KFC buys from International Paper, a company notorious for “business as usual” destructive forest management practices like large-scale clearcutting, conversion of natural forests to plantations and reliance on toxic chemicals in forest management.

Dogwood wants KFC to use more environmentally friendly packaging for its buckets.  It has collected more than 9,000 signatures so far.  Here’s where you can add yours.

Addition, May 1: Thanks to Michelle Simon for forwarding this clip from Colbert.  A must-see.  It starts after the worm story at 1:15.

Apr 13 2010

The new KFC Double Down: not an April fool joke?

Several informants – and students in my NYU Food Ethics class – told me about KFC’s latest sandwich or sent me to stories about it: two slabs of breaded chicken, two slices of bacon, two melted slices of cheese, and sauce.  I checked the KFC website.  Apparently, it’s for real.  There is even a TV Commercial.

And here’s the nutrition information.  Practically a diet product (except for the sodium).  You can’t make up stuff like this.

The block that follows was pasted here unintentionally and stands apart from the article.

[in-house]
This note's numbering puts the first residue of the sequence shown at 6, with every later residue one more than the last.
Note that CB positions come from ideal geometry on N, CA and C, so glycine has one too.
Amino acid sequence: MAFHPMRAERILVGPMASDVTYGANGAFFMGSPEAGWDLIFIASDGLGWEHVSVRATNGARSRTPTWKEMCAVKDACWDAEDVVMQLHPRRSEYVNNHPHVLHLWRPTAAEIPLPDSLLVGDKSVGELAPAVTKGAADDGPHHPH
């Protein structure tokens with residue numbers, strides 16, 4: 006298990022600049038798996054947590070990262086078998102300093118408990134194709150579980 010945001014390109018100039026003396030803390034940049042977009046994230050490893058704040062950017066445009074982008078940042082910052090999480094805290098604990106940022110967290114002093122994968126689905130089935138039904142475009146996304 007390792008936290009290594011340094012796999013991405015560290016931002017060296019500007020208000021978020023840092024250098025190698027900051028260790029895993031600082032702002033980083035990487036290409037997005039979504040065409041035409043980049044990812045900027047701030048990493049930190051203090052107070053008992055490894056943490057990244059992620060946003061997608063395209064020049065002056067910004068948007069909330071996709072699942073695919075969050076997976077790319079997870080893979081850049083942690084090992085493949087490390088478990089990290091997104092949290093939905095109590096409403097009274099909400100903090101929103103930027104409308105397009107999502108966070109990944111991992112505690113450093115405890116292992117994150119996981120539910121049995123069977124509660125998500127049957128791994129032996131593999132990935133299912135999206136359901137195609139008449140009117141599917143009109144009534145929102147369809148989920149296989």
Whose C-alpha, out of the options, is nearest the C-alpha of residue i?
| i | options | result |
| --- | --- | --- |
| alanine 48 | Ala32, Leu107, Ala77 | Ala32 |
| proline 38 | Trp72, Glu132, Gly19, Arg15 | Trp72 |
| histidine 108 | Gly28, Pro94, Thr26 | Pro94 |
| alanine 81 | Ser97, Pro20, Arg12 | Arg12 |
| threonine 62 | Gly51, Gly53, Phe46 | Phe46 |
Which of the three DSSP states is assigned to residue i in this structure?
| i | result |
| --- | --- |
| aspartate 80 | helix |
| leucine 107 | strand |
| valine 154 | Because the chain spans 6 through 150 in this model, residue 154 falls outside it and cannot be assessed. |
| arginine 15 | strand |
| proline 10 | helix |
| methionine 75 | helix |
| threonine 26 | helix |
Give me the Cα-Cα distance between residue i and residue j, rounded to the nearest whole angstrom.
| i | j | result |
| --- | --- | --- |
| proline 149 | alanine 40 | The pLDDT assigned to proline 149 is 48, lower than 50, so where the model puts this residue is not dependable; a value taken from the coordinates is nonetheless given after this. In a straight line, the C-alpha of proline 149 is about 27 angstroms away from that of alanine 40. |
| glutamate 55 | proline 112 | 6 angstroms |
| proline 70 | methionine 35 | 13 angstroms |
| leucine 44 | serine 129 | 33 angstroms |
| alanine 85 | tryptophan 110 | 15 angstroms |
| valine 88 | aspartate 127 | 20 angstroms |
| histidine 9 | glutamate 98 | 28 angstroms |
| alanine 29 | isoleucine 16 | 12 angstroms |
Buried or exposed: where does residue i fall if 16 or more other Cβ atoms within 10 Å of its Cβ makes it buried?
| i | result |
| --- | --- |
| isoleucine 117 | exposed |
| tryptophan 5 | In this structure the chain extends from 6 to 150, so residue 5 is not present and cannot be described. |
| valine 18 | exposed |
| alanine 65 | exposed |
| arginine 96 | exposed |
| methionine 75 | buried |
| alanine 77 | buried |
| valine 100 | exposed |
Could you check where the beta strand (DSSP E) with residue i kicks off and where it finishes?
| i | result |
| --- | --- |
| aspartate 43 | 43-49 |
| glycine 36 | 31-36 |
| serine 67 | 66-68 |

Sandwich Calories Fat (g) Sodium (mg)
KFC Original Recipe® Double Down 540 32 1380
KFC Grilled Double Down 460 23 1430

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May 7 2009

Oprah, KFC, free advertising, oh my!

This week, Eating Liberally’s kat wants to know what I think about Oprah’s free pass to KFC for adding grilled chicken to its fast food menu.  Here’s what I told her.  The moral: watch out for health auras!

Sep 3 2020

Where are we on cell-based meat alternatives?

Let’s catch up on what’s happening with cell-based meat, so far still in development, regulated jointly by FDA (pre-harvest) and USDA (post-harvest), but not yet approved for human consumption.

I think I can wait.